Chandigarh, June 16: Decks for the release of "Udta Punjab" were cleared today with Punjab and Haryana High Court dismissing two petitions filed against the film which was caught in censorship row.
The vacation bench of Justice M Jeyapal dismissed the petitions, counsel for the producer said here. "Based on the report submitted today, the high court has taken a decision that the film will be released tomorrow and then dismissed the petitions filed against the release of the movie," counsel Sanjay Kaushal said here.
He said the high court noted that the film did not glorify drugs. "Drug menace can be in any state and the film does not glorify drugs," said the counsel. He further said the movie did not portray Punjabi women in bad light in any manner.
"There is one Punjabi woman who is a doctor and working for the rehabilitation of drug addicts," he said. Amicus curiae advocate Sujoy Kantawala, who watched the movie on the directions of the high court, also presented his report to the bench.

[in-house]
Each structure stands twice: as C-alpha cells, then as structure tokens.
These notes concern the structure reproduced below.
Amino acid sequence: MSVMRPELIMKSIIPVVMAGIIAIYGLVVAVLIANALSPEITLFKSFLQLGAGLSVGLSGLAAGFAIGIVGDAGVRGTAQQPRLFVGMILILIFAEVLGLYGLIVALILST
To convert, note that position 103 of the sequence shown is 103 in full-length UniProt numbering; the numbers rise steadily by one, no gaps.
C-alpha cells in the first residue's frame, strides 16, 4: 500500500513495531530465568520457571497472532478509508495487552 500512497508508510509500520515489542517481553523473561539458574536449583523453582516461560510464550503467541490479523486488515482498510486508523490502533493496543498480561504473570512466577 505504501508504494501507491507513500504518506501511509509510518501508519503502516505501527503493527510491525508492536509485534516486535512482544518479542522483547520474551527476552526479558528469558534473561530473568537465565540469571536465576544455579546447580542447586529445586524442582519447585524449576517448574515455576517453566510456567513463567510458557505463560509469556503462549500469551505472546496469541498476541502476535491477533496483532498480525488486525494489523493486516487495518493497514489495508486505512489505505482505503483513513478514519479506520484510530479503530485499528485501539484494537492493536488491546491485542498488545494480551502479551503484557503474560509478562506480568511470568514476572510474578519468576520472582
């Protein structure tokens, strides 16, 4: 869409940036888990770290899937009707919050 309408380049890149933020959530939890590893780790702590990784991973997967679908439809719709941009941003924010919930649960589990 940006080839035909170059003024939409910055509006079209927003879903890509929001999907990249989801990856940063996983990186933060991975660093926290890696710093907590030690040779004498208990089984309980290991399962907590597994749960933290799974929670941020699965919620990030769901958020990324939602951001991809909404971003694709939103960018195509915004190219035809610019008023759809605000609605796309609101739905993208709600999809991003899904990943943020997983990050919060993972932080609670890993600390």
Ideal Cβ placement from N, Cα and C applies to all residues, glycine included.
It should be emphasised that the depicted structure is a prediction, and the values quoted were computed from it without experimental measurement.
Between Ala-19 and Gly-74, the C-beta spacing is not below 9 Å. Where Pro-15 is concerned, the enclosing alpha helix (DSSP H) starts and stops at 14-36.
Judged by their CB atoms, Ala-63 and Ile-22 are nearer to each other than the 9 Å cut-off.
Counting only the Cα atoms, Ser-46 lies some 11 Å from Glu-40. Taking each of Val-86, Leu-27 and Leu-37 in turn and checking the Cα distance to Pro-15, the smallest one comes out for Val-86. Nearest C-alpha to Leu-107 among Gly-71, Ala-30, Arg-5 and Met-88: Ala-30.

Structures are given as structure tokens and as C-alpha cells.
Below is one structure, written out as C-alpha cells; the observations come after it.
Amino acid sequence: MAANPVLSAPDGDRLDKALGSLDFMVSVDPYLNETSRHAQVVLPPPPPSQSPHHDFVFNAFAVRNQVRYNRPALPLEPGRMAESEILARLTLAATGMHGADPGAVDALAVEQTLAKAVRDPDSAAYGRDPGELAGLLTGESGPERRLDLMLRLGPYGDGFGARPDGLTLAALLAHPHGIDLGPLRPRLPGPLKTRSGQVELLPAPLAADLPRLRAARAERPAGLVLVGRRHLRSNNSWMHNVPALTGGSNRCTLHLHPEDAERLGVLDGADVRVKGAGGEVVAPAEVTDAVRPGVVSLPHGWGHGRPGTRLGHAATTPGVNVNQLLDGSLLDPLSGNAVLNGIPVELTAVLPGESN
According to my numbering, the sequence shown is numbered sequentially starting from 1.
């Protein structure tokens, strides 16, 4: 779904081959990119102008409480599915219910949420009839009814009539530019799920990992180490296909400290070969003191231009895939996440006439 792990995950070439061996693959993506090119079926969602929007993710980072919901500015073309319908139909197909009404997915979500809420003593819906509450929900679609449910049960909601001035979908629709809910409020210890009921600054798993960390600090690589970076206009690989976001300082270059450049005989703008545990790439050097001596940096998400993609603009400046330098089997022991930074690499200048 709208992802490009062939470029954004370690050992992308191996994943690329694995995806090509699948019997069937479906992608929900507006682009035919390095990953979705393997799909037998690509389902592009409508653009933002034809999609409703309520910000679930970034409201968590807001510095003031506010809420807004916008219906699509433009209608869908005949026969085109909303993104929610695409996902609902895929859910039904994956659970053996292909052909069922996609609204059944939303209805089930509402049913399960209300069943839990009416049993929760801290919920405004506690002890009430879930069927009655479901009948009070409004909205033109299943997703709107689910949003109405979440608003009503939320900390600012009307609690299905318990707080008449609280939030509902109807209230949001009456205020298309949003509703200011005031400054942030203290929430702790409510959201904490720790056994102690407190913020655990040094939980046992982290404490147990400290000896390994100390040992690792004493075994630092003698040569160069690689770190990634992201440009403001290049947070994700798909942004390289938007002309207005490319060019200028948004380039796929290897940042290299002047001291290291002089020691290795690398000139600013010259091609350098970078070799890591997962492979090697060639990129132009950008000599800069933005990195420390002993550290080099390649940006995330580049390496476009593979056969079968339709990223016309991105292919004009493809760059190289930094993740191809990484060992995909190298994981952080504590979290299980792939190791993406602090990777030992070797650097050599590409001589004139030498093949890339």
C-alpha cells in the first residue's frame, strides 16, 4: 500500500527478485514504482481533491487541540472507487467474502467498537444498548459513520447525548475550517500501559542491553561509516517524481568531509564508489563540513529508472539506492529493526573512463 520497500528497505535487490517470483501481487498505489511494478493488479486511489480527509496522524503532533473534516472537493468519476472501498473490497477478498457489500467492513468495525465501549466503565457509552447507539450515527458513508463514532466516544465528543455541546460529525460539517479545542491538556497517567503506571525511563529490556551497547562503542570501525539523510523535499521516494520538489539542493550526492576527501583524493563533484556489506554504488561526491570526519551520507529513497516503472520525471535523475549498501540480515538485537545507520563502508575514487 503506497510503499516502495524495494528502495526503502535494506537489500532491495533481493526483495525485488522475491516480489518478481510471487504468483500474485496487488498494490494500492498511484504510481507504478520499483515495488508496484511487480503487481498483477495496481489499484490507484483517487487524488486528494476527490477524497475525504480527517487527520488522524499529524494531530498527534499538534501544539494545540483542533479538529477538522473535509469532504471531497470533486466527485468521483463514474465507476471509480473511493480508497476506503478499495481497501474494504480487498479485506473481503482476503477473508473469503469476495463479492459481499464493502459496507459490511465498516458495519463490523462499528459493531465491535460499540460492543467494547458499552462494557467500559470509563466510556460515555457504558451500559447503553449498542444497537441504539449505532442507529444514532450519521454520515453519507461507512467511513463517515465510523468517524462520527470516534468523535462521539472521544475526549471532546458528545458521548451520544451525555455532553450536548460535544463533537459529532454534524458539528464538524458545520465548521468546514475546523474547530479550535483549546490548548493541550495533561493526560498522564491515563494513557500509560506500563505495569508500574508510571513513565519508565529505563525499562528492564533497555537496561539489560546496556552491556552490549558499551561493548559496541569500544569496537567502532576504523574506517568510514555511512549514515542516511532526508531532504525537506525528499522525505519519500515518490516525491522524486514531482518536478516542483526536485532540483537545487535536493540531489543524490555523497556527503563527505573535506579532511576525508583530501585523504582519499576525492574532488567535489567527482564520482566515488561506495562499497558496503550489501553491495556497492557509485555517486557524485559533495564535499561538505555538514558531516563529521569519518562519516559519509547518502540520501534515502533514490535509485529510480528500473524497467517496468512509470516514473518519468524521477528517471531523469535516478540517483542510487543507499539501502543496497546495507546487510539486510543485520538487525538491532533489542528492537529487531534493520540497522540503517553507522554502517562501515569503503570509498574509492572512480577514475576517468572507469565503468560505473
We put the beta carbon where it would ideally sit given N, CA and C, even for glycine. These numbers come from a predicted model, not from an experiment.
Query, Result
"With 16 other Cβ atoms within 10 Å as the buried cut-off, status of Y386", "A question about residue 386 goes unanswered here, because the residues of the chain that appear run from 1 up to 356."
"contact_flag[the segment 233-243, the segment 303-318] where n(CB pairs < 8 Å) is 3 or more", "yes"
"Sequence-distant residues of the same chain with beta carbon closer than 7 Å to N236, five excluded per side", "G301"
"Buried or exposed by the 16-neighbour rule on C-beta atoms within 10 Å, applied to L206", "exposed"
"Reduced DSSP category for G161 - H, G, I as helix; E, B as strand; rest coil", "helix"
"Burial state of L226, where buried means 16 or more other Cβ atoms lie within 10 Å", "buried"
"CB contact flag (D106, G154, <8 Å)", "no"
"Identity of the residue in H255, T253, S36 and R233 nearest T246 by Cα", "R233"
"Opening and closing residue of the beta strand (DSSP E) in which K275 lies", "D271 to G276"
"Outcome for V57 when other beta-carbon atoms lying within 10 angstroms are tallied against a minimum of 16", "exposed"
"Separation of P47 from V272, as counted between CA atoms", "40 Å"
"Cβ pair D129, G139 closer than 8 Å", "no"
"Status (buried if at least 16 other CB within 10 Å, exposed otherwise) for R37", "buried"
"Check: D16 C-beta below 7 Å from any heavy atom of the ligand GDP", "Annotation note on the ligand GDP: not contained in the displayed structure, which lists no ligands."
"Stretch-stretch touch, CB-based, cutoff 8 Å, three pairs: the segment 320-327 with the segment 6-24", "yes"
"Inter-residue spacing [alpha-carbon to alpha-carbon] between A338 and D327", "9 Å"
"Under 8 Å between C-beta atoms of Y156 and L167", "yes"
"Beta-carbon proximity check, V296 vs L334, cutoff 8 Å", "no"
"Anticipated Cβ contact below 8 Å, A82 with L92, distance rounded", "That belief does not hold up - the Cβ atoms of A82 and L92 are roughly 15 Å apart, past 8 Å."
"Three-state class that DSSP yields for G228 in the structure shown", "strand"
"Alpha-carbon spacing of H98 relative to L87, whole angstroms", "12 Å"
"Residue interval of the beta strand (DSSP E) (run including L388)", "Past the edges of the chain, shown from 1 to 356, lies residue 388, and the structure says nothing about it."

"I have clearly mentioned in my report which was read out in open court that there is absolutely nothing in the film which could lead any such sort of apprehensions which the petitioner entertained. The movie gives the social message that drugs are a menace. If you consume drugs you can lose your loved ones in future and it's basically a thing you don't want to do in life. There was no obscenity in the film..." He said in fact, there is a social message in the movie for adult audience and the message is against drugs.
"Drug problem is not just Punjab's issue but of entire country." On June 13, Jalandhar-based advocate Wattan Sharma had submitted that the film slated for release tomorrow has portrayed Punjab in bad light. He alleged that the movie had done "negative branding" of Punjab and its people and therefore the film is unfit for exhibition.
A vacation bench of Justice M Jeyapal had directed the Central Board of Film Certification (CBFC) and producer of the movie to screen the film on June 14 at CBFC's theatre in Mumbai which would be viewed by the amicus curiae and representatives of the petitioner, central government, CBFC and the producer.
The amicus curiae was directed by the court to submit his report on June 16 focusing on the content of the film so that it could take a decision whether the film was fit for public exhibition.
Yesterday, another petition was filed by Punjab State Commission for Women Chairperson Paramjit Kaur Landran in the high court alleging that the movie has portrayed women in "obscene manner".